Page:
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are thoroughly well brought up. It is of no very great advantage, that they should be taught those things, which, in their different situations it is fit they should know, if their hearts are to remain uneducated ;-by which I mean, if their tempers are not corrected, their passions subdued, their pride humbled, and the important truth impressed upon them that they are accountable for their actions to One above. The task of bringing up children is, it must be allowed, a very difficult one;--but, on this account, it requires so much the more patient exertion, and steady perseverance. To keep their minds constantly fixed on their duty, and responsibility to their Maker, and to lead them on in such a course of conduct as this religious principle would produce, is a difficulty which the best of parents have felt, and have been constantly heard to lament. When a little boy was stamping with rage, (his first fault of the kind,) a good mother said to him:s" Henry!Who sees you now?-It is not only my eye that is upon you!" He was instantly still-and penitent for the rest of the day--grieving to think what would be thought of him by that Being who saw him all the time; and at night he of himself added to his prayer a request for pardon, and a petition that the Hearer of all prayer would make hím less passionate. But, with this family, religion is made a principle of action. Every thing is referred to it. They fear their God,--they love Him,—and they trust in Him. What a happiness it would be if all mothers would aet thus !-How much' misery, toil and trouble they would save themselves to say nothing of the awful responsibility which awaits a contrary system. I am quite sure, Mr. Editor, you feel that the merely hearing children say their catechism and hymns on Sunday, and repeat prayers night and morning, comes very short indeed of the benefits and blessings they may be made to derive from the Gospel. I know the watchfulness and self-command which is required of parents and instructors themselves, if they would ever expect to be the means of implanta ing in the minds of children a love of that which is good. The Christian religion requires a government of the temper; and the best part of education is that which thus goes to the regulation of the child's heart and mind. But how hard it is for instructors themselves to preserve that calmness and gentleness of disposition which they would teach to their children. But still, without this, little good is to be expected. “My teacher tells me,” a child will think, “that religion calms and regulates the mind; why then do I see him so ruffled and disturbed ?”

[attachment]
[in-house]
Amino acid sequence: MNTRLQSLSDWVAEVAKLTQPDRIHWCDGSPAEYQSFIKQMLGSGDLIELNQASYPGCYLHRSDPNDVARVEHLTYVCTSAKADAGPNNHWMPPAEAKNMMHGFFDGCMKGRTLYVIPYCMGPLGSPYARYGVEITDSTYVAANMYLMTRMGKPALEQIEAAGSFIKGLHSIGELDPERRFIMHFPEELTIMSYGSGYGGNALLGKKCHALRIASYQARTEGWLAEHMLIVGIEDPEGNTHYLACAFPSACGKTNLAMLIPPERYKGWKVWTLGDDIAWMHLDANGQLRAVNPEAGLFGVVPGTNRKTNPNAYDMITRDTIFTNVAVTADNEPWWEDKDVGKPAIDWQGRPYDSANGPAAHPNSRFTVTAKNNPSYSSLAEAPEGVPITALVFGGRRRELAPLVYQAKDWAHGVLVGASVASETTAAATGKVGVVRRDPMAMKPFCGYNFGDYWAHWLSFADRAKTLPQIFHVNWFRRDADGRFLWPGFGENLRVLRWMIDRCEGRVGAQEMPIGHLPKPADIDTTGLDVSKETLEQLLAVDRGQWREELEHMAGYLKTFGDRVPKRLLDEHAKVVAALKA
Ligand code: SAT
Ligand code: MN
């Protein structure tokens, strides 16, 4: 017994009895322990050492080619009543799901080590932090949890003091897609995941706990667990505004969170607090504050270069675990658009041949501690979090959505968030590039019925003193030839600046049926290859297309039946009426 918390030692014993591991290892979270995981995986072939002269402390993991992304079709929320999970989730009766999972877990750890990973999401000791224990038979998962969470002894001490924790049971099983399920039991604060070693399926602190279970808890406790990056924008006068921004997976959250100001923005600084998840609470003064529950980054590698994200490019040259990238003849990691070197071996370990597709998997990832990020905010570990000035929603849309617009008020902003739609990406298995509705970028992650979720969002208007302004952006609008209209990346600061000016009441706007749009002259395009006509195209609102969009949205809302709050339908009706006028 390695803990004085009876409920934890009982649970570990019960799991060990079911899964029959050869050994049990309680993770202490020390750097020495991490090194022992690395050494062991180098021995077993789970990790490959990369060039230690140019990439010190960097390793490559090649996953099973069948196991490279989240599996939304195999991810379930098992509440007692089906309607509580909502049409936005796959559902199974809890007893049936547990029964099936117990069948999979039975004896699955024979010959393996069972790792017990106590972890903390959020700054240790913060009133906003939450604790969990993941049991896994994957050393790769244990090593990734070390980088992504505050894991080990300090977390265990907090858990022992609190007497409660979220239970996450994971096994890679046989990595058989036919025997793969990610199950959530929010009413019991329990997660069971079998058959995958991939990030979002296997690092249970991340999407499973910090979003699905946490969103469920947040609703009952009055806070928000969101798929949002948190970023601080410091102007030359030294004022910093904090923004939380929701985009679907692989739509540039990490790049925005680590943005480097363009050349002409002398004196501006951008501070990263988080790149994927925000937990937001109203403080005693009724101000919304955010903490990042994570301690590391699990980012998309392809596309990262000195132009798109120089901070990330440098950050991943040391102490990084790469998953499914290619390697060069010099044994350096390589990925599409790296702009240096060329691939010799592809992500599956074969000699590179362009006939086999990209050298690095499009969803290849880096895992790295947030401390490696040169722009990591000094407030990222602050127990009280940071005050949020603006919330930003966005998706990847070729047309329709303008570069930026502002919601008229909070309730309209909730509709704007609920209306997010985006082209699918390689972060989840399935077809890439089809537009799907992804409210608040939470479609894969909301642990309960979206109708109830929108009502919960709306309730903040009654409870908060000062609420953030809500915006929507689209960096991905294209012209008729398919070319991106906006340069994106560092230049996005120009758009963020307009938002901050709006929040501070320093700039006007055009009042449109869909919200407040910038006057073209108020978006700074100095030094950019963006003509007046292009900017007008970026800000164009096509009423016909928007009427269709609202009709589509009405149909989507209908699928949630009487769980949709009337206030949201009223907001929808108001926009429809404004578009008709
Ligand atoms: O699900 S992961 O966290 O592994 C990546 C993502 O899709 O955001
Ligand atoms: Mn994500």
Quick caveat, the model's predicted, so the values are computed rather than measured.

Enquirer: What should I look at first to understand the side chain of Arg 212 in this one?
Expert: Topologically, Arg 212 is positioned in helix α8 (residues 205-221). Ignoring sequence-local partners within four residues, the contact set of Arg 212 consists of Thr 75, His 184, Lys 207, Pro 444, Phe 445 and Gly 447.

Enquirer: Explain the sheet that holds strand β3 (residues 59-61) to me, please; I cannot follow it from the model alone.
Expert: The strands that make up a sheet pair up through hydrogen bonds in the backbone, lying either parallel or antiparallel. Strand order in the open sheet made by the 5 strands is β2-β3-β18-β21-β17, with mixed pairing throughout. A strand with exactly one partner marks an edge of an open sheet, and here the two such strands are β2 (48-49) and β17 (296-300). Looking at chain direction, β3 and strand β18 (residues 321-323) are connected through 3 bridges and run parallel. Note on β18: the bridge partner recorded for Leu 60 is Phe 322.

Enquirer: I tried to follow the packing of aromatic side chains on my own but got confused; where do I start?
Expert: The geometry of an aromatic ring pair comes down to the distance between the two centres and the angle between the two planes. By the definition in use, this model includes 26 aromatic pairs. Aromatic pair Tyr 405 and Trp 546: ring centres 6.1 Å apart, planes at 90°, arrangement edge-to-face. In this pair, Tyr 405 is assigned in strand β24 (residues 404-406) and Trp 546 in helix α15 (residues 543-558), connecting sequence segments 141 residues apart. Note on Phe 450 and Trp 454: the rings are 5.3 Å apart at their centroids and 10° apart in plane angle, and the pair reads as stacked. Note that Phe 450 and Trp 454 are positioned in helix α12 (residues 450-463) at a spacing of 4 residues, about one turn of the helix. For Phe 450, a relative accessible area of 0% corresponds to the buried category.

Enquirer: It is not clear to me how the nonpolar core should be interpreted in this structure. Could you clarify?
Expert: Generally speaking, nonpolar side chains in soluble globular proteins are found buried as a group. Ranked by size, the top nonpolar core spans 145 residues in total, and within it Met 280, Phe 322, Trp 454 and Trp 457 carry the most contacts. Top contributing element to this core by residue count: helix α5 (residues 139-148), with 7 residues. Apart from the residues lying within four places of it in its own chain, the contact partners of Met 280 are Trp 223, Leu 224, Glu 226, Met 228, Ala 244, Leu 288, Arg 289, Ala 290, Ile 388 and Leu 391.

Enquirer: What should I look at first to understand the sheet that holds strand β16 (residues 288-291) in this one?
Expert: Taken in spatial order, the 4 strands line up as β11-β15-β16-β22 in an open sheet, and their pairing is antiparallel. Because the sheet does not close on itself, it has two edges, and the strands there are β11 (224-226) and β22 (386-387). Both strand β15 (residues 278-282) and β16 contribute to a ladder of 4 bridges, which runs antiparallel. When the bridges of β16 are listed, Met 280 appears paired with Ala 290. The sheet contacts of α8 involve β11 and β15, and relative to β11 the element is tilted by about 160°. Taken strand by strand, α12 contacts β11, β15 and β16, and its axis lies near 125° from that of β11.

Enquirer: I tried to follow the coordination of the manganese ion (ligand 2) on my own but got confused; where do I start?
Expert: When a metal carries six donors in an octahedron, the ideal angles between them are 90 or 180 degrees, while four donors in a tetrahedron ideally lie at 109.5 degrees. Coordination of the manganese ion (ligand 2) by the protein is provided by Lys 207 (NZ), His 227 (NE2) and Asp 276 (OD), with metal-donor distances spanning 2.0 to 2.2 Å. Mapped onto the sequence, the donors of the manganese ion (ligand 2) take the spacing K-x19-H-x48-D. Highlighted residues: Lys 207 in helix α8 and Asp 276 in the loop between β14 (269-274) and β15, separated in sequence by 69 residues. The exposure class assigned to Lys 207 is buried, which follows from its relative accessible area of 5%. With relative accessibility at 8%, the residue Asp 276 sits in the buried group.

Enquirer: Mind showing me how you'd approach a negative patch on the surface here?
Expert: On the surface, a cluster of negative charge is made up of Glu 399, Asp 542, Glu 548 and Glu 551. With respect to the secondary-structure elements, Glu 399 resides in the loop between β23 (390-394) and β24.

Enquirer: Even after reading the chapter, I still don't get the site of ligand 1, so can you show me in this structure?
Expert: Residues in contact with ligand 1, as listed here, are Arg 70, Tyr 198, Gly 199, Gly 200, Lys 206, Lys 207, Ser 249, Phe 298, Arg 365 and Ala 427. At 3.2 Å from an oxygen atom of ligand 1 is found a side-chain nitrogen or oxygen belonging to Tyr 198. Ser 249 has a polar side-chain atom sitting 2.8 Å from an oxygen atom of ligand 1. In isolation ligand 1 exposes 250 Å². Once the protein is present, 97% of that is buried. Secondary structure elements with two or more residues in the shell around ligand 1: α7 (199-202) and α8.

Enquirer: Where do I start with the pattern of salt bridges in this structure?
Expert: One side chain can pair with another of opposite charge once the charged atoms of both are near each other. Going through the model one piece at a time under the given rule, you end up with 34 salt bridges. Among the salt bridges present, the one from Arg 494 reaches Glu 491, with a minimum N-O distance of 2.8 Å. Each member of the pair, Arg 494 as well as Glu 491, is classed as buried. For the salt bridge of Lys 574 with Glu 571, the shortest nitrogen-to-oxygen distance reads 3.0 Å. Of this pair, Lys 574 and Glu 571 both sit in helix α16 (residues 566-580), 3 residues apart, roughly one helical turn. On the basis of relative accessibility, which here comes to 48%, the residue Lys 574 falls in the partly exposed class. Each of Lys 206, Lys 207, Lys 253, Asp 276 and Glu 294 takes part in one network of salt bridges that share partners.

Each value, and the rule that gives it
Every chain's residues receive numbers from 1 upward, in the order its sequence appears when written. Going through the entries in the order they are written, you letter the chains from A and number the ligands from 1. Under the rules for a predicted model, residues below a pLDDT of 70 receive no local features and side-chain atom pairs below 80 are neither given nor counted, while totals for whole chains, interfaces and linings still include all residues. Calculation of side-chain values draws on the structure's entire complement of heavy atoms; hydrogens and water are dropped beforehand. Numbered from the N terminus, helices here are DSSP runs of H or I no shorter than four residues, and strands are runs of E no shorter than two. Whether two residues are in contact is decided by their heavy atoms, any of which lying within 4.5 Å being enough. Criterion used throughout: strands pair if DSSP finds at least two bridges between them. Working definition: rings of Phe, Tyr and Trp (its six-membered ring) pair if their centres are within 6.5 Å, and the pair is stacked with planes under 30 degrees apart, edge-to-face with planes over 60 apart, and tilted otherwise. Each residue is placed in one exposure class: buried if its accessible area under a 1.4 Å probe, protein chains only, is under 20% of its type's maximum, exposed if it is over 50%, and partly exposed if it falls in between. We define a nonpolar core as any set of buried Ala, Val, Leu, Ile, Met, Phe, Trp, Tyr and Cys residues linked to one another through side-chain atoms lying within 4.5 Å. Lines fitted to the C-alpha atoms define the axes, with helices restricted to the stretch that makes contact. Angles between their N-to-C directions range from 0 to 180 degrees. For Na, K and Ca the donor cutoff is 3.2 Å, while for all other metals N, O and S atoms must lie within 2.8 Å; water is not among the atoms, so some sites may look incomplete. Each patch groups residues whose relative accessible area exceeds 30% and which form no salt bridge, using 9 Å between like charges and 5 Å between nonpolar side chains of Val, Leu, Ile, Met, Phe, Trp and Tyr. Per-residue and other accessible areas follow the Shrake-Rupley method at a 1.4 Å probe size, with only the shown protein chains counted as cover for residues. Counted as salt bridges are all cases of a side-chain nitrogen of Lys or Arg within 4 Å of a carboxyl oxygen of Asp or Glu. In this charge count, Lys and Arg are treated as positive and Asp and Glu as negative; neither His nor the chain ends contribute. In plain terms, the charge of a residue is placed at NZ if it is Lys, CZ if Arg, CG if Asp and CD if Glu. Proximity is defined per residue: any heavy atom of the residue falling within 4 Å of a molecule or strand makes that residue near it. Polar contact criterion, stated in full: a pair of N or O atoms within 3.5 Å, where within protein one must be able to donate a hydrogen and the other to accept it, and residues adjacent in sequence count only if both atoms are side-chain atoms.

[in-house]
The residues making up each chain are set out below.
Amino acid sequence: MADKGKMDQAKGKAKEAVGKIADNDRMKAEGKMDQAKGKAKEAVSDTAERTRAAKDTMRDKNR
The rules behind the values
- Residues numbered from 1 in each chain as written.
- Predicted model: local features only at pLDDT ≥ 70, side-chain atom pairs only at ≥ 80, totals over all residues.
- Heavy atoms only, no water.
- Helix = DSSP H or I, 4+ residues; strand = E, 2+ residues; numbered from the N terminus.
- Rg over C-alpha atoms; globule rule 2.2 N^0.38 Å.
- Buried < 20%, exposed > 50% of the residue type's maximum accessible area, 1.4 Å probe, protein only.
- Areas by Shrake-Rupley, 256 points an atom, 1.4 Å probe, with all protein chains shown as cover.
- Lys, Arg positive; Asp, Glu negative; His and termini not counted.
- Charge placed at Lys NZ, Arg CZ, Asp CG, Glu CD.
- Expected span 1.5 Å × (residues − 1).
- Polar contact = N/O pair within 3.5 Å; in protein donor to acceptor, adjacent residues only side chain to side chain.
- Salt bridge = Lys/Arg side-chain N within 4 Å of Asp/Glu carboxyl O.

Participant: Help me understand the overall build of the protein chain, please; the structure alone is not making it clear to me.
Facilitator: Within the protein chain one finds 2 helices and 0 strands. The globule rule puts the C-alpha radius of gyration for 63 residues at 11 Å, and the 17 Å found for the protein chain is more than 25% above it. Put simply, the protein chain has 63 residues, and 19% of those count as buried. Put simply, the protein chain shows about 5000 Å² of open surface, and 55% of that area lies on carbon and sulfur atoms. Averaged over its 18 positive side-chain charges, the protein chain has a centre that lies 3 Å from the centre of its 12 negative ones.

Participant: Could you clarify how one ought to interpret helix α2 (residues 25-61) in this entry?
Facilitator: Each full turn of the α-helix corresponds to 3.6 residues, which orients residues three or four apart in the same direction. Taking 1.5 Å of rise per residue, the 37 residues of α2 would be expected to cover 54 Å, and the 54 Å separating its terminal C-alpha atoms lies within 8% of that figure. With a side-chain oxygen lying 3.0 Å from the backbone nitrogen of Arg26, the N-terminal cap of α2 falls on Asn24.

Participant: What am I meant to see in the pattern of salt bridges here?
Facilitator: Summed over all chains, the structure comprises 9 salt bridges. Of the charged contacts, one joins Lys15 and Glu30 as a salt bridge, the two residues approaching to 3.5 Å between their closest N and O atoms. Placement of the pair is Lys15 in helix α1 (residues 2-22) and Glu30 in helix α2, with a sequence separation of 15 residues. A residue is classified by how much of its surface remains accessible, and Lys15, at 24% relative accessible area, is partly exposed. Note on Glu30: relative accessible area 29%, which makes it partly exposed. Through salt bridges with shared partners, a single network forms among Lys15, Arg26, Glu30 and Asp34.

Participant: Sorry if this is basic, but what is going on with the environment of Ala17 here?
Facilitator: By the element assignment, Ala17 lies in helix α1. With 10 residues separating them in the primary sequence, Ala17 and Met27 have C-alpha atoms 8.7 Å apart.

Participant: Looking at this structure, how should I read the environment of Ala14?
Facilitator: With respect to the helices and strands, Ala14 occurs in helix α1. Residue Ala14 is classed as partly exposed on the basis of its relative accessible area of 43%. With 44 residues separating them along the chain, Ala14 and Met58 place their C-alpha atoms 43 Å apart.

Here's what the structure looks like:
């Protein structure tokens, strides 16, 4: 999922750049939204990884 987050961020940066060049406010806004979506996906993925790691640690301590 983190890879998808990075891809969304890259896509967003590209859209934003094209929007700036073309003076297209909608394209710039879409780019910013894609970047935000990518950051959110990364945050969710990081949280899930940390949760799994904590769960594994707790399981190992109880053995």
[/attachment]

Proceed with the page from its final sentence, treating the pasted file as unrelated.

What great and constant watchfulness is required, then, of every one who would be an instructor of children! Who can always so guard the heart, that the temper. shall be constantly gentle and equal? And yet, if the correction and reproofs of a parent, are to vary according to the humour he is in; if one day, every thing is to be found fault with, however trifling ;-whilst, another day, when the parent is in a different humour, the very same things will be passed over, without blame, or, perhaps, even received with pleasure ; what is a child to depend upon, and how is it to know how to act? It must be ruinous to a child to be corrected or applauded according to the passions or varying feelings of its teacher, instead of being guided by aň unerring standard of right and wrong. These are indeed difficulties which we can all see.... I wish we could all correct them. We must, however, attempt it, and we must persevere in our efforts steadily. , Religion must be our rule;--this we may affirm --and God will be our help.